Pure color resonance from the Byzantine mosaics of the Fruska Gora monasteries of northern Serbia and Yves Klien’s monochromatic canvases at the Moderna Museet in Stockholm.
These frescoes at the Velika Remeta monastery are the newest I saw of the three monasteries I visited that day. They were all Serbian Orthodox churches that had moved to these lush rolling hills to escape the Ottoman invasions. The old churches were later surrounded, quite close up, by newer cloisters, where monks, nuns, or sometimes both together, always led by a male priest, cared for the church and community. In the first one the bright, bold frescoes were relatively new, but still in the flat Byzantine style and surrounding a valuable icon of the three-handed Virgin Mary. I saw copies of this icon in the next two monasteries as well, all after from the same original that is apparently very special and located in present-day Ukraine. The continuity of tradition was striking.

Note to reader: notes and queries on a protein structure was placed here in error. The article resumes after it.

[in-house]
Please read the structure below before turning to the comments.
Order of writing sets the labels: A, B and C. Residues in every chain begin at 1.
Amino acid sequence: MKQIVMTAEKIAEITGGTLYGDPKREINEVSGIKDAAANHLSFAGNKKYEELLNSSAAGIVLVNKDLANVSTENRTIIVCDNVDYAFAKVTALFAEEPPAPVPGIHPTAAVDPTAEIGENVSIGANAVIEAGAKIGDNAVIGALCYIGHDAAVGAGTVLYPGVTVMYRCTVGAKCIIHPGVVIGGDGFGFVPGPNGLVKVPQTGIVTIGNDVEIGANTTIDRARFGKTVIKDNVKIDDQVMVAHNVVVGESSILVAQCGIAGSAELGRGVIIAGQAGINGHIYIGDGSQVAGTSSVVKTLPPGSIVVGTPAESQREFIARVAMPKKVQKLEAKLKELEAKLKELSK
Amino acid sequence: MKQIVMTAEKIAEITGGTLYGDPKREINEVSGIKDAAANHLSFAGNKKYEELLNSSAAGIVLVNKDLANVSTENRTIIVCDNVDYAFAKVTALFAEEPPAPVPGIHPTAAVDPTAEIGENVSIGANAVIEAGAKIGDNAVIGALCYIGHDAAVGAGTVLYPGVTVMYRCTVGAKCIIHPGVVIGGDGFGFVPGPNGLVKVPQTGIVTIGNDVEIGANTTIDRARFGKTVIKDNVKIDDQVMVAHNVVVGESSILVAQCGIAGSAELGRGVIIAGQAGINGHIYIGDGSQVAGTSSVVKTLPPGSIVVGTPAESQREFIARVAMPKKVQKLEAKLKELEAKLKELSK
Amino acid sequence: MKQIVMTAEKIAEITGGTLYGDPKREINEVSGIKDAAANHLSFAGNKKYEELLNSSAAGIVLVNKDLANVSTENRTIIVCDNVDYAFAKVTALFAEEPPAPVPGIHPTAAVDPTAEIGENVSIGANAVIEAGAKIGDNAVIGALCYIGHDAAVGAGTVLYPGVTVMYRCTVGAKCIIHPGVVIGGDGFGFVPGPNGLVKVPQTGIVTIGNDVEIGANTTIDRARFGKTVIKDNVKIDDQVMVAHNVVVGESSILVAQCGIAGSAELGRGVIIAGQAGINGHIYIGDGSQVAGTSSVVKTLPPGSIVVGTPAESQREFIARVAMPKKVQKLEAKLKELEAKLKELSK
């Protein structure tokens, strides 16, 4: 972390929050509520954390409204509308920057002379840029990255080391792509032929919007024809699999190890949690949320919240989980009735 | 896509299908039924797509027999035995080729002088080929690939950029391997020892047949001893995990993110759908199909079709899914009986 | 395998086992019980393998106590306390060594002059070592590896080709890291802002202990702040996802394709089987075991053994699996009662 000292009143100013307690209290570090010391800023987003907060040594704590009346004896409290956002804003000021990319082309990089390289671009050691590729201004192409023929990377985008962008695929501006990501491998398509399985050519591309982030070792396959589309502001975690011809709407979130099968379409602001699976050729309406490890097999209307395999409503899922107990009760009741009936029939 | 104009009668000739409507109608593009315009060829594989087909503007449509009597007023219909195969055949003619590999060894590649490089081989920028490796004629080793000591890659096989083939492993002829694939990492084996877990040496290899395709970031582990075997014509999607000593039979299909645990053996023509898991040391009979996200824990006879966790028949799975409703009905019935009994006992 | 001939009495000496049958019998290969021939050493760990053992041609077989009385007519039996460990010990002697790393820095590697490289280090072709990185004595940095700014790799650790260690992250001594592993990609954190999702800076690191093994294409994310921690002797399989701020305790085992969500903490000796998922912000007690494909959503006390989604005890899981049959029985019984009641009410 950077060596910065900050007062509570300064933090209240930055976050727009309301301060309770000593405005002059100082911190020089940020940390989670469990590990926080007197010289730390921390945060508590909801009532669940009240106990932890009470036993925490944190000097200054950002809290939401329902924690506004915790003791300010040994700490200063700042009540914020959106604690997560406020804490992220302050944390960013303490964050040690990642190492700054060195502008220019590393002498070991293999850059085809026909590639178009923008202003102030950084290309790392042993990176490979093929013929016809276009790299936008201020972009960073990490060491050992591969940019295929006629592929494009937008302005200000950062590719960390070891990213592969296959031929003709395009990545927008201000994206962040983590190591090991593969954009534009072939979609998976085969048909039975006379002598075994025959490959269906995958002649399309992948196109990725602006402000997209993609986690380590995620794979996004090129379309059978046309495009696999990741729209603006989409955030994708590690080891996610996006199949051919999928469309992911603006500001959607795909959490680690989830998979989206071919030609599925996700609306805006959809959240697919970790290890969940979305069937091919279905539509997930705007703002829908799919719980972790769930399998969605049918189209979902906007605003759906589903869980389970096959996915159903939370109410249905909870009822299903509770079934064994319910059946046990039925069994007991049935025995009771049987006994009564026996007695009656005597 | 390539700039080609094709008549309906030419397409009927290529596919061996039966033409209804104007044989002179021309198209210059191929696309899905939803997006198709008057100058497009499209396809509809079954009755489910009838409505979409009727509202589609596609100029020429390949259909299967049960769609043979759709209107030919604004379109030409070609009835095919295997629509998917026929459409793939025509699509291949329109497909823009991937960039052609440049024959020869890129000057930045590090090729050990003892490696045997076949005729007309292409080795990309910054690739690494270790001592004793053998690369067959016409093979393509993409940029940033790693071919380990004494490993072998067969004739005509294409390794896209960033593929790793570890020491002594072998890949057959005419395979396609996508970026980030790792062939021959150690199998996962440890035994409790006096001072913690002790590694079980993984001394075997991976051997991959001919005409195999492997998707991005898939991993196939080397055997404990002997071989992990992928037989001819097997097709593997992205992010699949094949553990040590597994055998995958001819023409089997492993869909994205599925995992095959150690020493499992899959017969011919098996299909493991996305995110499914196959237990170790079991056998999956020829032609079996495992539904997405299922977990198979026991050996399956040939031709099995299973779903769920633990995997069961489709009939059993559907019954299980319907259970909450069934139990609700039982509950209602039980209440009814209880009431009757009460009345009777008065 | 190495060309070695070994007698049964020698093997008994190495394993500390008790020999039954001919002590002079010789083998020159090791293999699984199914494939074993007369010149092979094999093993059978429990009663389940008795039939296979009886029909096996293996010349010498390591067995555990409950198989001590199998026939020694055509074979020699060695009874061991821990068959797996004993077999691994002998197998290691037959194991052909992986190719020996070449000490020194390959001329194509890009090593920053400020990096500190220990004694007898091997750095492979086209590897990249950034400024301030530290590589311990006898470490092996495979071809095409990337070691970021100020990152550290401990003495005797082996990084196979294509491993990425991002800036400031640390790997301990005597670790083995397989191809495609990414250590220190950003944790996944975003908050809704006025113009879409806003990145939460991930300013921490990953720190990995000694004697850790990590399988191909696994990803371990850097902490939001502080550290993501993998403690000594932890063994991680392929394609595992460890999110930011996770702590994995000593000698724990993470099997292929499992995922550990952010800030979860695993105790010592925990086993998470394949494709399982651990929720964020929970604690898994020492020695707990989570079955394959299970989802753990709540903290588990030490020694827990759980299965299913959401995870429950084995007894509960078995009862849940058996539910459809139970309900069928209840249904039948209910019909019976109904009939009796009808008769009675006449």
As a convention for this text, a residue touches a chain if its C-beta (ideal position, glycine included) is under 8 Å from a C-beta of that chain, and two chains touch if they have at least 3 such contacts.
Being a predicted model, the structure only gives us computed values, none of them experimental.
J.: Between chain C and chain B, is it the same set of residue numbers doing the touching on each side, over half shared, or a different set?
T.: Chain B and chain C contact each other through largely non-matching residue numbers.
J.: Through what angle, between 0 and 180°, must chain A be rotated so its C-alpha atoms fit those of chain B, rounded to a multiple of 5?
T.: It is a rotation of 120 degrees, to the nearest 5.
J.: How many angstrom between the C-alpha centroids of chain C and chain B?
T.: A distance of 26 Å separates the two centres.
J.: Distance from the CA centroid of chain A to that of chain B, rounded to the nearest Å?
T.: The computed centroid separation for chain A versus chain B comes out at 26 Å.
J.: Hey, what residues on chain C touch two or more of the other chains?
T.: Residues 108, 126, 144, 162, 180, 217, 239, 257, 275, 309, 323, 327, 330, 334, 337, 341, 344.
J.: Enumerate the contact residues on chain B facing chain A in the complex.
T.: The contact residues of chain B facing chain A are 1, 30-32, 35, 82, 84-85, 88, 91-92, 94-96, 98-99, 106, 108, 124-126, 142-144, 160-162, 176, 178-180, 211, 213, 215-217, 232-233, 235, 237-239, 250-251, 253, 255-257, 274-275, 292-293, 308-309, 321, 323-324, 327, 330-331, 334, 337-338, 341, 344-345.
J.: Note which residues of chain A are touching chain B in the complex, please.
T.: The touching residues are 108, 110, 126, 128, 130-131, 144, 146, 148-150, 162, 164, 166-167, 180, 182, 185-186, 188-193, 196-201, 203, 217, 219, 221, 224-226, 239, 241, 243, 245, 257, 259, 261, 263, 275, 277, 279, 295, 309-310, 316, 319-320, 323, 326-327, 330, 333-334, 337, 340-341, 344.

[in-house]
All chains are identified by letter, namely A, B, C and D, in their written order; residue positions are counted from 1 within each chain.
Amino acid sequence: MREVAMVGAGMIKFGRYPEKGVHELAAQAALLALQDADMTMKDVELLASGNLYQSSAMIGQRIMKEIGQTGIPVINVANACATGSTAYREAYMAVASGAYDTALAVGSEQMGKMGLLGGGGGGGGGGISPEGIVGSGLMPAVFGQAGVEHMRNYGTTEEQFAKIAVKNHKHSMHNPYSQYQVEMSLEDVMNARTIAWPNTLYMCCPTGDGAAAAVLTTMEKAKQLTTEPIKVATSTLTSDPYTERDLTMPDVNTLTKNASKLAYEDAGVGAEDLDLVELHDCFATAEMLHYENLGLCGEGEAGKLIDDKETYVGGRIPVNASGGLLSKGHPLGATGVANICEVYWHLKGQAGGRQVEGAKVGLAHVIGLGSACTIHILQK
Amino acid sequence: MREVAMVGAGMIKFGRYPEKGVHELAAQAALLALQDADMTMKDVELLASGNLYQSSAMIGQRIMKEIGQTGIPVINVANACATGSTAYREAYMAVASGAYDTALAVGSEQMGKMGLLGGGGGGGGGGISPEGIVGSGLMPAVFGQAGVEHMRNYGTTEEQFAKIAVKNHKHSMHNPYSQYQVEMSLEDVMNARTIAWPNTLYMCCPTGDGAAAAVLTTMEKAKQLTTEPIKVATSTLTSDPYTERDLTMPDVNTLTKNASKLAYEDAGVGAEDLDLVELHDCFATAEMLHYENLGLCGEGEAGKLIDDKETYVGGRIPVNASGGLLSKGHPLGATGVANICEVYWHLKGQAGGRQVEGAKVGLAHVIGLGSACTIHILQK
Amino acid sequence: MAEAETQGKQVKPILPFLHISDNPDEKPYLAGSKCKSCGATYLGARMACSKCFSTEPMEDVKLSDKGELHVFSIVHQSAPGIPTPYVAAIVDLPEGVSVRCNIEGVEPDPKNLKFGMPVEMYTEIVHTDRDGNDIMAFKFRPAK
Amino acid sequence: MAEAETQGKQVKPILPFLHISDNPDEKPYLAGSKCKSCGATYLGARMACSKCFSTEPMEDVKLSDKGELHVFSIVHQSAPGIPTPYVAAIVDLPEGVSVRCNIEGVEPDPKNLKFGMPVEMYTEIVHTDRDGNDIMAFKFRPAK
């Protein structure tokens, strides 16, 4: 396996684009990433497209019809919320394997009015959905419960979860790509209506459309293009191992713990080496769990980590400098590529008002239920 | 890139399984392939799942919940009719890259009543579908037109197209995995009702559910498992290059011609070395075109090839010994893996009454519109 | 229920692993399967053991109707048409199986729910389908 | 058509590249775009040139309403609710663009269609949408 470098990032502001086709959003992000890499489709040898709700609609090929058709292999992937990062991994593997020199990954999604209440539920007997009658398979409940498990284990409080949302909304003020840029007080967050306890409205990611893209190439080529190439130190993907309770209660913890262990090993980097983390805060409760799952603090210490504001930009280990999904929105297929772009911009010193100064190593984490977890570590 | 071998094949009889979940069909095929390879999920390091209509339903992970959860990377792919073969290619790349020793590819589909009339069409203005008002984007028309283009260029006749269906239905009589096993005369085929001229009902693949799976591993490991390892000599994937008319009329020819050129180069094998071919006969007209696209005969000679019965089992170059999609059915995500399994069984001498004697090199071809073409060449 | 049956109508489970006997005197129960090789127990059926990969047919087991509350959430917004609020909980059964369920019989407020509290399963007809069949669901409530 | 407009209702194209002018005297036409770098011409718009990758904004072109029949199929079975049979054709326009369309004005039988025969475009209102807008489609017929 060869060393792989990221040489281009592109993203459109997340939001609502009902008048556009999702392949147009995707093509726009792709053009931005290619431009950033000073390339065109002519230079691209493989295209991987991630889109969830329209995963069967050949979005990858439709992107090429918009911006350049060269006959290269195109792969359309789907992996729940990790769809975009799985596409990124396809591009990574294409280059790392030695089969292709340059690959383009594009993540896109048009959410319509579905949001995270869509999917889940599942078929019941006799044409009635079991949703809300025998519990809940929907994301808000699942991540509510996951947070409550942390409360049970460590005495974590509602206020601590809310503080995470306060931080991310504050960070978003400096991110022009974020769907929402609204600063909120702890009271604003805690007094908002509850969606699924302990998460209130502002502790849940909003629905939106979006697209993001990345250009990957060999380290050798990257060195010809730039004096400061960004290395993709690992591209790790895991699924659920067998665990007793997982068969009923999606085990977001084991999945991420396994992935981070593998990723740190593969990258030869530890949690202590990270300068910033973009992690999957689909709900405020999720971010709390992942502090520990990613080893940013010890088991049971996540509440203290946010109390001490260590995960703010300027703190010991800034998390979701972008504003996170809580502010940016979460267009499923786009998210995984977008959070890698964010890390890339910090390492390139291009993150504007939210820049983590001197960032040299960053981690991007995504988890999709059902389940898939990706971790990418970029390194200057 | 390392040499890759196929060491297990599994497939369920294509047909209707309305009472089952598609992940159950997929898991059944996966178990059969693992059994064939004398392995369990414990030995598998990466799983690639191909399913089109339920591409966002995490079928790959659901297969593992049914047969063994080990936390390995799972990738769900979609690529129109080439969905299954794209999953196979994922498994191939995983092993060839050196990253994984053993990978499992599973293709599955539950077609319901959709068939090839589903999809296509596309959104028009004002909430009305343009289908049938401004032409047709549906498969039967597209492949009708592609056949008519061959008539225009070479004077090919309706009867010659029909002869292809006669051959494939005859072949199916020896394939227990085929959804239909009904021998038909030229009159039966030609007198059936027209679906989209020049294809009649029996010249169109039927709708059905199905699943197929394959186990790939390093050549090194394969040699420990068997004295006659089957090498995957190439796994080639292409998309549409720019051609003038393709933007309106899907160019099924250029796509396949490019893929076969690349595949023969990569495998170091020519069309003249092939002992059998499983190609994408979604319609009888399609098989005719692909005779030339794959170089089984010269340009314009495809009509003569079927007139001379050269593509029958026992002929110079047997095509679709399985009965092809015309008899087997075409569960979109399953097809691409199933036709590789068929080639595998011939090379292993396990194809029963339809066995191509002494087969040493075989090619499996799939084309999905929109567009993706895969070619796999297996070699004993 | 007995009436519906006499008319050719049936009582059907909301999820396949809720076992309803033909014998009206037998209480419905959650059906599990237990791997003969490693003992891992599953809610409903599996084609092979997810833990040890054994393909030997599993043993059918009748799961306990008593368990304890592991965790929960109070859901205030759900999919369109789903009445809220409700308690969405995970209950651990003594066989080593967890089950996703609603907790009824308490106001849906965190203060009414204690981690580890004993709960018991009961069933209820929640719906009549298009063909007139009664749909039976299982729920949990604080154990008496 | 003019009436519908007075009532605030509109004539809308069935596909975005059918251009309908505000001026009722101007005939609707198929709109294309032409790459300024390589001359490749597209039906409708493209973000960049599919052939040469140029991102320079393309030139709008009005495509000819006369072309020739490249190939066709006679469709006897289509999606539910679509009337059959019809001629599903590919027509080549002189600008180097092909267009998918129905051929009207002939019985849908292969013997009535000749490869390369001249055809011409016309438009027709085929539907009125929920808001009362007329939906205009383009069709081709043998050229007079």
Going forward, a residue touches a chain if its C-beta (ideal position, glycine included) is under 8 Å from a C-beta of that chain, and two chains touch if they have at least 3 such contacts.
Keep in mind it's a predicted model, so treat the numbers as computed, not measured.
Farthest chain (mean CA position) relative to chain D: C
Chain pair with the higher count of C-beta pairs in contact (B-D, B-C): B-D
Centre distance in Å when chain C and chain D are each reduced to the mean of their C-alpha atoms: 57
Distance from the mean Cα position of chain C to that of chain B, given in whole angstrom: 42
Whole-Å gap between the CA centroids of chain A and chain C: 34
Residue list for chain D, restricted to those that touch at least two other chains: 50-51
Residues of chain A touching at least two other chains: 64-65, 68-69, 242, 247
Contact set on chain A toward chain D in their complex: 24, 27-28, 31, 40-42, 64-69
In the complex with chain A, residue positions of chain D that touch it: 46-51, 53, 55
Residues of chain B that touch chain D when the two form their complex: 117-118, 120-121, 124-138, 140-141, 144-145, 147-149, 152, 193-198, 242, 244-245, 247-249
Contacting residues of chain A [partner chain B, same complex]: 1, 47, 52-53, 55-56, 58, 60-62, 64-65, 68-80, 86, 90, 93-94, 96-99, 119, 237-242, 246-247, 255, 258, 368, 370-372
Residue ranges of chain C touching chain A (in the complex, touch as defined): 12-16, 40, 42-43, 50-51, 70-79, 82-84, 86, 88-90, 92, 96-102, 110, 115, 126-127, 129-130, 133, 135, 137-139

When I was in Stockholm a few weeks later, the blues and golds reminded me forcefully of the Orthodox church decoration I had seen, particularly this first one.